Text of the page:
Social Security Benefits

Previous Topic: Assistive Technology

Next Topic: Acronyms and Glossary

Most minors who receive a benefit from the Social Security Administration (SSA) receive Supplemental Security Income (SSI). SSI is a needs based program to provide for the person with disability's basic living expenses, such as food, shelter and clothing. A person does not need to have a work history to receive SSI.

Unlike SSI, SSDI is an insurance program. When an individual works, they pay into the system, and when needed, the individual and their dependents receive a benefit. Youth who receive a SSDI benefit usually receive it based on the work record of a parent or grandparent who paid into the system, and is now disabled, retired or deceased. A minor need not be disabled to receive SSDI. Youth who are not disabled can continue to receive benefits until 2 months after age 19 if still enrolled in secondary or elementary school. Youth who are considered disabled under the adult definition can continue to receive SSDI payments after they turn 18 for so long as they remain disabled.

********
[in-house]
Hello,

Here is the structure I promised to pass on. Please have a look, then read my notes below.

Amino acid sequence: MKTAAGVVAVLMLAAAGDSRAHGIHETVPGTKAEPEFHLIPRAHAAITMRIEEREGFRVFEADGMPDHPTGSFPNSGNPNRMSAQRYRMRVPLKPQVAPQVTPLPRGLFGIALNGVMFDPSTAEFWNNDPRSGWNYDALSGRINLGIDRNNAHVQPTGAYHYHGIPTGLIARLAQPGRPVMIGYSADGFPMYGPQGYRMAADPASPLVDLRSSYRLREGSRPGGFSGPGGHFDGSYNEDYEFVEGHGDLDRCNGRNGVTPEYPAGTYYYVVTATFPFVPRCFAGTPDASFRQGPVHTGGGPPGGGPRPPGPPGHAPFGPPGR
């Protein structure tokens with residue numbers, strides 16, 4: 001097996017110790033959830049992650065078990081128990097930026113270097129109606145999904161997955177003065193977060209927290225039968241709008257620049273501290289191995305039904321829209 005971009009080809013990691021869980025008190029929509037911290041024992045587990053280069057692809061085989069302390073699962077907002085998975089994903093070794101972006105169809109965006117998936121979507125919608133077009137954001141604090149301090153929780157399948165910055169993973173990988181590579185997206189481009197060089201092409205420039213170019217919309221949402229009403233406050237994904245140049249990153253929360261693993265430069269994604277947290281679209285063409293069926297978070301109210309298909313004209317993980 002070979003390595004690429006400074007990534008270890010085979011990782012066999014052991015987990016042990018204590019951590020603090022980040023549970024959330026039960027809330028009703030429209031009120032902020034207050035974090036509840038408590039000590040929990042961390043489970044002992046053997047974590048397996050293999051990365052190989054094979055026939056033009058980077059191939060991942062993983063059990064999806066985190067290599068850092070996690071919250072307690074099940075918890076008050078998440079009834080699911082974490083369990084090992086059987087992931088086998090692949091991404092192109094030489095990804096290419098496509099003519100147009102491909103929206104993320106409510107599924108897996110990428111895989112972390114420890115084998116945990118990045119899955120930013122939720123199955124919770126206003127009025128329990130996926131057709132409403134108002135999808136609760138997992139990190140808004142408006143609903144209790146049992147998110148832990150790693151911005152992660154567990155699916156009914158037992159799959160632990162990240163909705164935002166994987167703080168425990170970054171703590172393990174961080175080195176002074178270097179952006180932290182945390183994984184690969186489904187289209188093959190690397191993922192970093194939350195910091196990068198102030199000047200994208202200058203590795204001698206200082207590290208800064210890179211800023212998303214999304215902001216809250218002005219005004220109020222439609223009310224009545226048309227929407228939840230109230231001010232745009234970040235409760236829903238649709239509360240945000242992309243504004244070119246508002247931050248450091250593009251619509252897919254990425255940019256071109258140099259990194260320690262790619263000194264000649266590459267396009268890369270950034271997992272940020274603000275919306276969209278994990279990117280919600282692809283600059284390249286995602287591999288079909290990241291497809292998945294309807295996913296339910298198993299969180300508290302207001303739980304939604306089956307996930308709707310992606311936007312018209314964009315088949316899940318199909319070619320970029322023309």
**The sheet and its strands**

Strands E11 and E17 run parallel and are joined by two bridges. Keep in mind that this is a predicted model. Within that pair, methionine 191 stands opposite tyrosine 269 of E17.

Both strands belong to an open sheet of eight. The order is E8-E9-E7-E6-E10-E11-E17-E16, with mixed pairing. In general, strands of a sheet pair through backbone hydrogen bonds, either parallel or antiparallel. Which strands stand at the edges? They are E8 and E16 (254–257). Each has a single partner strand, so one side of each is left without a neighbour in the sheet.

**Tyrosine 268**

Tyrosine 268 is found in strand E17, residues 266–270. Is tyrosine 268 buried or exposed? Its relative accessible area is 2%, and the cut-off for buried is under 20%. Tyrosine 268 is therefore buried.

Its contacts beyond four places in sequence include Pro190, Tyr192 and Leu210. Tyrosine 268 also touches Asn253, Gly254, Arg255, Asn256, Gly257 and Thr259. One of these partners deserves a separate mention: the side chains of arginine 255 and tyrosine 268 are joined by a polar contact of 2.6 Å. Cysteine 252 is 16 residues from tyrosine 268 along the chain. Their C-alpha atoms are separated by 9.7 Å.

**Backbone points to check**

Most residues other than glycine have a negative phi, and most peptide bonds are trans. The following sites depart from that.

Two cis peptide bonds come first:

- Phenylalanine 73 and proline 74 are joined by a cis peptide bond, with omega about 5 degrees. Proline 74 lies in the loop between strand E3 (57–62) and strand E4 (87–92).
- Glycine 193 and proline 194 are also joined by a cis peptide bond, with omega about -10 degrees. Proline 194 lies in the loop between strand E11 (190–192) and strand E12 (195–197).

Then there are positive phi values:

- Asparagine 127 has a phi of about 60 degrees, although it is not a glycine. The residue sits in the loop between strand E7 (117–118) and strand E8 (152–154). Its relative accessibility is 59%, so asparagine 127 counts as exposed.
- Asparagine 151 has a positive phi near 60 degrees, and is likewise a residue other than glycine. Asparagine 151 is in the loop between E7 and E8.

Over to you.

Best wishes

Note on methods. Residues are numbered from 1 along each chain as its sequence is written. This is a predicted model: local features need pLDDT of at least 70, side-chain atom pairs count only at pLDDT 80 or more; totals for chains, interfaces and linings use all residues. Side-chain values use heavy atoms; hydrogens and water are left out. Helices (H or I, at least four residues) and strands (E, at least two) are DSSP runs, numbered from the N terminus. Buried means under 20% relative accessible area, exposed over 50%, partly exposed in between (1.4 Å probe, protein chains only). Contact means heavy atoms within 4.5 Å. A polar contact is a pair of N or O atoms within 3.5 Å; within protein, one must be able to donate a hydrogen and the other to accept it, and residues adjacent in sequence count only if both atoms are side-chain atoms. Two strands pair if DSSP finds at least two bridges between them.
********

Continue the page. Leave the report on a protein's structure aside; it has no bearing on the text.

Disability Definition for a Child

A minor is considered disabled for SSA purposes based on how a physical or mental condition or illness affects development and functioning in typical daily environments (i.e., school, home, community). At age 18, a review is scheduled to determine whether or not the condition or illness meets the SSA definition of disability for an adult.